Once again Suvro da, many thanks for this post….not least for the ‘fact’ that you made me articulate my sense of wonder with the ways of God; not least that I know so well that you’re cared for and loved by a couple of priceless individuals (few or less – it doesn’t matter in the end) who matter…..err…as is evident from my comments I did not find it difficult to start spinning from your post. In fact your post got me thinking consciously about my place in the world again – it was a bit of a reality check in the midst of everyday living.
One suggestion: maybe someone would like to take up the theme of ‘facing fears’ in your community ‘The Good Life’.
Take care. Shilpi

Rupam said...


One small question, for the purpose of some philosophical discussion! The notion that good will always triumph over evil- is it not a fallcy ? As you have rightly mentioned, its the inequality, the coexistence of good and evil, that maintains the dynamics of mankind. So, is it not in the interest of th world, that we must not and should not destroy evil ? I really don't expect any answer to this question. A little bit of introspection will be good enough !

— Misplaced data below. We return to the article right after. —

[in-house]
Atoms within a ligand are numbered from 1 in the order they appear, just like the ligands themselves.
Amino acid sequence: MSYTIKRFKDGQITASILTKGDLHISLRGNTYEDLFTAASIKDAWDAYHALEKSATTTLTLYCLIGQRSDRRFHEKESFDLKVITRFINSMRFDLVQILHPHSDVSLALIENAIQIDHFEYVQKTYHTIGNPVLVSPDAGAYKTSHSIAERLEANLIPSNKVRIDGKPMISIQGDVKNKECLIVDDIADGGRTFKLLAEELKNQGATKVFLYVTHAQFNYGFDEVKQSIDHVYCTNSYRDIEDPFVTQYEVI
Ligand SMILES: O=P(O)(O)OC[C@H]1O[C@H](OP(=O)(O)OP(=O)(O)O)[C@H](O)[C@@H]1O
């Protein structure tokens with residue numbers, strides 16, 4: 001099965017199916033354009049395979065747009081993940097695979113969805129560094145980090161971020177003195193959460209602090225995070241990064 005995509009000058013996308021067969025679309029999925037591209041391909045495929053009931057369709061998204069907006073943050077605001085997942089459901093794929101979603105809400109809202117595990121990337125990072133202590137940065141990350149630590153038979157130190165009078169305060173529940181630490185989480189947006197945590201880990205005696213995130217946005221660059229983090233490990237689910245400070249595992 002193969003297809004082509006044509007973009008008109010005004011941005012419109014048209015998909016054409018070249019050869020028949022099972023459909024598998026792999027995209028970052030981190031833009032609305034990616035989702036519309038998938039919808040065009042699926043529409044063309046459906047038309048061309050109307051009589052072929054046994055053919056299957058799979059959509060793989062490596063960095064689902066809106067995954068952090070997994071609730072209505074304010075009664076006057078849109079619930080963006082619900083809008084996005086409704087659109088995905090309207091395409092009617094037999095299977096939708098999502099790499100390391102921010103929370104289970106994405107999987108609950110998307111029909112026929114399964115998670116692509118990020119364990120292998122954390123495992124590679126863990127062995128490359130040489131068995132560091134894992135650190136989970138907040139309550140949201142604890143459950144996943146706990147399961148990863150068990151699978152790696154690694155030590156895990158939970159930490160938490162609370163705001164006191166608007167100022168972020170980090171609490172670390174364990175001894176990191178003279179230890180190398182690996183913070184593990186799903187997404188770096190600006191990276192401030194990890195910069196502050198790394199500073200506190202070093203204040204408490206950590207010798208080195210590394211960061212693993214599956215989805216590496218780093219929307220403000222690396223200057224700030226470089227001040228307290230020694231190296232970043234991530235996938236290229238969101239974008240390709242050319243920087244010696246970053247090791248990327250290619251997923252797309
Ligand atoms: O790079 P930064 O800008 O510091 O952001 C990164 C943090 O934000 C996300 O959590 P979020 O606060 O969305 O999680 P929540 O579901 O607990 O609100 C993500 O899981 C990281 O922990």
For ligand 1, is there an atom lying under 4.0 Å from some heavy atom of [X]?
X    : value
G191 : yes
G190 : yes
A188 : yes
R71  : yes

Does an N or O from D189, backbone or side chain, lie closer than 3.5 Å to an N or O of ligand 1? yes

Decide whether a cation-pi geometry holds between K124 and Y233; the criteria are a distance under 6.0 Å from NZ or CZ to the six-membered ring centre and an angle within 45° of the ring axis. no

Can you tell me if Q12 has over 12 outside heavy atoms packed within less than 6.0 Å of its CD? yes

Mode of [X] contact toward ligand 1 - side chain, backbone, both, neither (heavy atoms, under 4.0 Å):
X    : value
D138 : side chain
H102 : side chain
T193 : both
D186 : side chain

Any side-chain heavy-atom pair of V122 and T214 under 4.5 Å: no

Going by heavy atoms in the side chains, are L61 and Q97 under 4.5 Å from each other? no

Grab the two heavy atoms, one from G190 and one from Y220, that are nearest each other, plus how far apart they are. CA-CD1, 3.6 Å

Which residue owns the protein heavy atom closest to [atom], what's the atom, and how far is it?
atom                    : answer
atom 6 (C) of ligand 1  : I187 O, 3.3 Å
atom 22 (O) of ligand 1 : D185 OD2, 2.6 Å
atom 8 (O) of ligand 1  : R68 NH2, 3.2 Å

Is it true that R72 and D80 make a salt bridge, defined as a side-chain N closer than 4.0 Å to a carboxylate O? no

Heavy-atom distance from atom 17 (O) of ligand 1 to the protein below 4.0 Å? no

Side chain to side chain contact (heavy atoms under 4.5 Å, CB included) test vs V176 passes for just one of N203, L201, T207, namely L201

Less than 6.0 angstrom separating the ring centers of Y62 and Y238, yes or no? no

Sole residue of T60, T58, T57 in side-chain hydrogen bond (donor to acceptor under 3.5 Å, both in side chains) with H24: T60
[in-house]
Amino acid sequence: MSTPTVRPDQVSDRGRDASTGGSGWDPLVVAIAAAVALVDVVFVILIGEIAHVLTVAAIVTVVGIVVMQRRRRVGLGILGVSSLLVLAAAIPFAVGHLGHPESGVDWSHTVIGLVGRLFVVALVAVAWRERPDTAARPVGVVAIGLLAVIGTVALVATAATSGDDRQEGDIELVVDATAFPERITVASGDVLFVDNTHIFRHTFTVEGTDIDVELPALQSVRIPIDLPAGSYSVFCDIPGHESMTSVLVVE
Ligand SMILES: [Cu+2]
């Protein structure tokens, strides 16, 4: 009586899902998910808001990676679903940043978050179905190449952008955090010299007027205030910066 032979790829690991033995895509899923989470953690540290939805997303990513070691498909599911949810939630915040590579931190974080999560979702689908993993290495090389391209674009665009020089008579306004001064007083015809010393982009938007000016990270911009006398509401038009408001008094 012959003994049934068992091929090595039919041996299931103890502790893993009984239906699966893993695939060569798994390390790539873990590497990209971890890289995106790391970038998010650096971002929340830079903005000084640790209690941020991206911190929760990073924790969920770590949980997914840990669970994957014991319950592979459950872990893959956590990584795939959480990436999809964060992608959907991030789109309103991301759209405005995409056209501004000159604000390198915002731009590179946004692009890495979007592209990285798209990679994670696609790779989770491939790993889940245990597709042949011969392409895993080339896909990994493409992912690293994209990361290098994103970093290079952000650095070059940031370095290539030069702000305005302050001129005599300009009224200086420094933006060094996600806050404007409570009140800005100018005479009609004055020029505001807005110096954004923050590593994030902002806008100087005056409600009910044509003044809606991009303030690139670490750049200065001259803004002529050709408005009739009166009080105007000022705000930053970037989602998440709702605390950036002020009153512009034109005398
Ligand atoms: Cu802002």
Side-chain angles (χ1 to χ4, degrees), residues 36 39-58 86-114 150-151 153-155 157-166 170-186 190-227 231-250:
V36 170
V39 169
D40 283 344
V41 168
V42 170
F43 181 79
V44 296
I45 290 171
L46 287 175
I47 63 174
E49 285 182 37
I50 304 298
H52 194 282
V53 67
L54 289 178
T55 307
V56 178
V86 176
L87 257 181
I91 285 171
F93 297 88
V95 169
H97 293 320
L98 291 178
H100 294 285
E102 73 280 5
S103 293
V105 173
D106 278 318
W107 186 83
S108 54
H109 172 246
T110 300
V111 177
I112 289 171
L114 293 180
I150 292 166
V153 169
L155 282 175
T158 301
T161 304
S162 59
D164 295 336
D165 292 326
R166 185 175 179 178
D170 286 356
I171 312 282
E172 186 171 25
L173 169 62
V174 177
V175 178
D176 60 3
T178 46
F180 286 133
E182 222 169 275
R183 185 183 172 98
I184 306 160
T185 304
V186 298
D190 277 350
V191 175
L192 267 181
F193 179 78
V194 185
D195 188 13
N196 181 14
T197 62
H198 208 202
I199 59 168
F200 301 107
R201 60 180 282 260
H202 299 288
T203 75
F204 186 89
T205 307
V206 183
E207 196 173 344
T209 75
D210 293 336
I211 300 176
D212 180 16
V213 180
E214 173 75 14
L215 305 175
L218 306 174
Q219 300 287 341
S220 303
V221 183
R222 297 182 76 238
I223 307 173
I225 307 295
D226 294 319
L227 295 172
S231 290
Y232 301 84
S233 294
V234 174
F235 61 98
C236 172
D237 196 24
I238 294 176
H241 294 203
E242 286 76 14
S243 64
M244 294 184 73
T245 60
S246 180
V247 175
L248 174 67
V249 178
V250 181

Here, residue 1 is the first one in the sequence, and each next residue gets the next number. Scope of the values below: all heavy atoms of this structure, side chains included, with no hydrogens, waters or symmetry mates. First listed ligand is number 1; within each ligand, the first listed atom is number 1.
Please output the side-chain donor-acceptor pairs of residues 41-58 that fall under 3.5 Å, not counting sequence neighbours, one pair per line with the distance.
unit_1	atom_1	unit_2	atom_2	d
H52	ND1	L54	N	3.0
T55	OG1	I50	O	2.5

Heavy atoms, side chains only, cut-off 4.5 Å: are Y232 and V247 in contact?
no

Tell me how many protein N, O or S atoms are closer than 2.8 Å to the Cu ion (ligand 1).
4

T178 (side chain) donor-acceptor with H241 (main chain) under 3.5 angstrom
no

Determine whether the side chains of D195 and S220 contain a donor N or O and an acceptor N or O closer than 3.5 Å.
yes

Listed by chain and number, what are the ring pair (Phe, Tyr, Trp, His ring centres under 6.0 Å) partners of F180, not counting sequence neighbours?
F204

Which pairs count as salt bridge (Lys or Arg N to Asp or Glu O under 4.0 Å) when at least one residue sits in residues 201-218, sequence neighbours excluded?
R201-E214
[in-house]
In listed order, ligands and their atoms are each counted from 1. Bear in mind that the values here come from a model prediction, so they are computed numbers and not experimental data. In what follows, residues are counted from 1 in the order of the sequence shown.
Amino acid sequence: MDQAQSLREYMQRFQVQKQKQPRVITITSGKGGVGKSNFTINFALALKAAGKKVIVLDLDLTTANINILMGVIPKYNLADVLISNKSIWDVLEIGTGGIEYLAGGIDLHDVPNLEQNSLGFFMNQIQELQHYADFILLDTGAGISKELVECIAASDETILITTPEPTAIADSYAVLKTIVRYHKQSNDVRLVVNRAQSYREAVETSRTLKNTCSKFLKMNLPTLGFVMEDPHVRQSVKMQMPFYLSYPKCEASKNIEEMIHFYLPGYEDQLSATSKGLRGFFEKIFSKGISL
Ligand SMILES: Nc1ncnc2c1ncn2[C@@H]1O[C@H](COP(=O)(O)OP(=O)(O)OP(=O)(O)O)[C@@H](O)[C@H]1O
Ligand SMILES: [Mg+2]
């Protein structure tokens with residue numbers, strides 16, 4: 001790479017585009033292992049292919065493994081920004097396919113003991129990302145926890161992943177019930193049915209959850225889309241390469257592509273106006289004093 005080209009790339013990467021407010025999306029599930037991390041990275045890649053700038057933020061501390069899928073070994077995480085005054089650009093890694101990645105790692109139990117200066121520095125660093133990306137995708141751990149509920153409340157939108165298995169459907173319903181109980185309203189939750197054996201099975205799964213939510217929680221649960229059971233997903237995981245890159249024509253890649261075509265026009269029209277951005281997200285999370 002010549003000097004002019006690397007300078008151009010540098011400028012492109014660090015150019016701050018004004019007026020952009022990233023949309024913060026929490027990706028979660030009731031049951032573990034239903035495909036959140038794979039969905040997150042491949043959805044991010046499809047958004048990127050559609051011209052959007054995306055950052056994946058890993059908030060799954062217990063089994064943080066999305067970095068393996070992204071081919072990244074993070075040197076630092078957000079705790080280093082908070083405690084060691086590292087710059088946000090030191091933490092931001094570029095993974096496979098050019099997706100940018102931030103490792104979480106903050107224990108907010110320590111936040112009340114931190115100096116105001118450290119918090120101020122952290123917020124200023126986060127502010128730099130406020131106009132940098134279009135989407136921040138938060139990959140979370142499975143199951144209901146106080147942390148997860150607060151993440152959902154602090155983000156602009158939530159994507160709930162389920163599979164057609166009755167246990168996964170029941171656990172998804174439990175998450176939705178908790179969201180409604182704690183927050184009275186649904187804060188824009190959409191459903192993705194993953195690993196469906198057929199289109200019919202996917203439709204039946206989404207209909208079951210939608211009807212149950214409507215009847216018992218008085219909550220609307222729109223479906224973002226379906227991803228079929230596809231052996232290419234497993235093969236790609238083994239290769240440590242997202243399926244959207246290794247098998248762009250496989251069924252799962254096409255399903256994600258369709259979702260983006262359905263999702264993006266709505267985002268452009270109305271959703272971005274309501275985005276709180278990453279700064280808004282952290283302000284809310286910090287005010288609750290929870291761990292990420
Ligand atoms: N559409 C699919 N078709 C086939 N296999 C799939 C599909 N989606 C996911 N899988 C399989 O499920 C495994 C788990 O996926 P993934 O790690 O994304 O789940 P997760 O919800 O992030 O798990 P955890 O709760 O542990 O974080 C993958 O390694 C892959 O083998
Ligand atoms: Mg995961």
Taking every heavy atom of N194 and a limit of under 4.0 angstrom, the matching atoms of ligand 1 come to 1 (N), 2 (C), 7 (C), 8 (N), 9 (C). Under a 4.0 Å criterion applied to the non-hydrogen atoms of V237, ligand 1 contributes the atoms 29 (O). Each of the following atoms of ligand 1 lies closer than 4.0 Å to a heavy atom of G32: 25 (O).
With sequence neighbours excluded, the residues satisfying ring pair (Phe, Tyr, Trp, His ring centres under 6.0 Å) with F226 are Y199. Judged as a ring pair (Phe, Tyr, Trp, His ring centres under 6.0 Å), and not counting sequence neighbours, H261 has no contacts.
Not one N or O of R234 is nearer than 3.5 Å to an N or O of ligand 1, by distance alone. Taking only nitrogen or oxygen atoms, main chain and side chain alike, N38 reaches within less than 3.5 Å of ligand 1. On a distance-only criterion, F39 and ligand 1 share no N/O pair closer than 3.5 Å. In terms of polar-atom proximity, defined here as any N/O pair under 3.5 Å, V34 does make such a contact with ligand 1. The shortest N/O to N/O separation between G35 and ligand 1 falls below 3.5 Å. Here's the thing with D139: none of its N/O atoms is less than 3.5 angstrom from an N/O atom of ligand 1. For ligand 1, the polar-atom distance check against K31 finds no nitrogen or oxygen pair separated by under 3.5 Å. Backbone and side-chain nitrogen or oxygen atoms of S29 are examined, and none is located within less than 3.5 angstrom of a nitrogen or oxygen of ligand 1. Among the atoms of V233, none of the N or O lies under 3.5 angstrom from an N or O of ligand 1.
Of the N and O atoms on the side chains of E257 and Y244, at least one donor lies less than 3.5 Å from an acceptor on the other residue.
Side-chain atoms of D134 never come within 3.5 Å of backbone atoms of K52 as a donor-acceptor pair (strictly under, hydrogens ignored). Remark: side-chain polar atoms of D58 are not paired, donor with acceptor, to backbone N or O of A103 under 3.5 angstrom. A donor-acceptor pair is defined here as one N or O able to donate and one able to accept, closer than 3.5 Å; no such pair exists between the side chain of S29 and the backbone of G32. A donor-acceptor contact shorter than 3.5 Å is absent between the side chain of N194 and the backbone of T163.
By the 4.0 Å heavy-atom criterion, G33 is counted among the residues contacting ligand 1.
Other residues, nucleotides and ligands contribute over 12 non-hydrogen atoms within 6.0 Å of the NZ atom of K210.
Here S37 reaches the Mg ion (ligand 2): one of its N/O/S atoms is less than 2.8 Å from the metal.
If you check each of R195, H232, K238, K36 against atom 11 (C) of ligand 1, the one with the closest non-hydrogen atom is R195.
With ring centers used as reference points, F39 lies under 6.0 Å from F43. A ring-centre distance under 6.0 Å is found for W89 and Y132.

Navin said...

wish you a speedy recovery, and I hope, (selfishly) that you get back to writing as soon as possible.

Sudipto pondering said...

Dear Sir,
Good to know you are back and (nearly!) fine. Having read the last blogpost, I am deeply moved. That was perhaps the most personal piece you've ever posted on your blog.

Sometimes emotions are so overwhelming that words simply can't do justice to them. The joy I felt when I read the post is indescribable, though I am myself unsure why I felt so happy; and whether the writing was meant to make me happy at all. My respect for you as a human, and not just the best teacher I've ever had, has gone manifold after having read your words. And there's no need to lament that no one cares about you as a human (certainly, there are some!): after your family and some of your old boys and girls, you may add my name to that list. And believe me when I say that I am writing all this only because I felt so.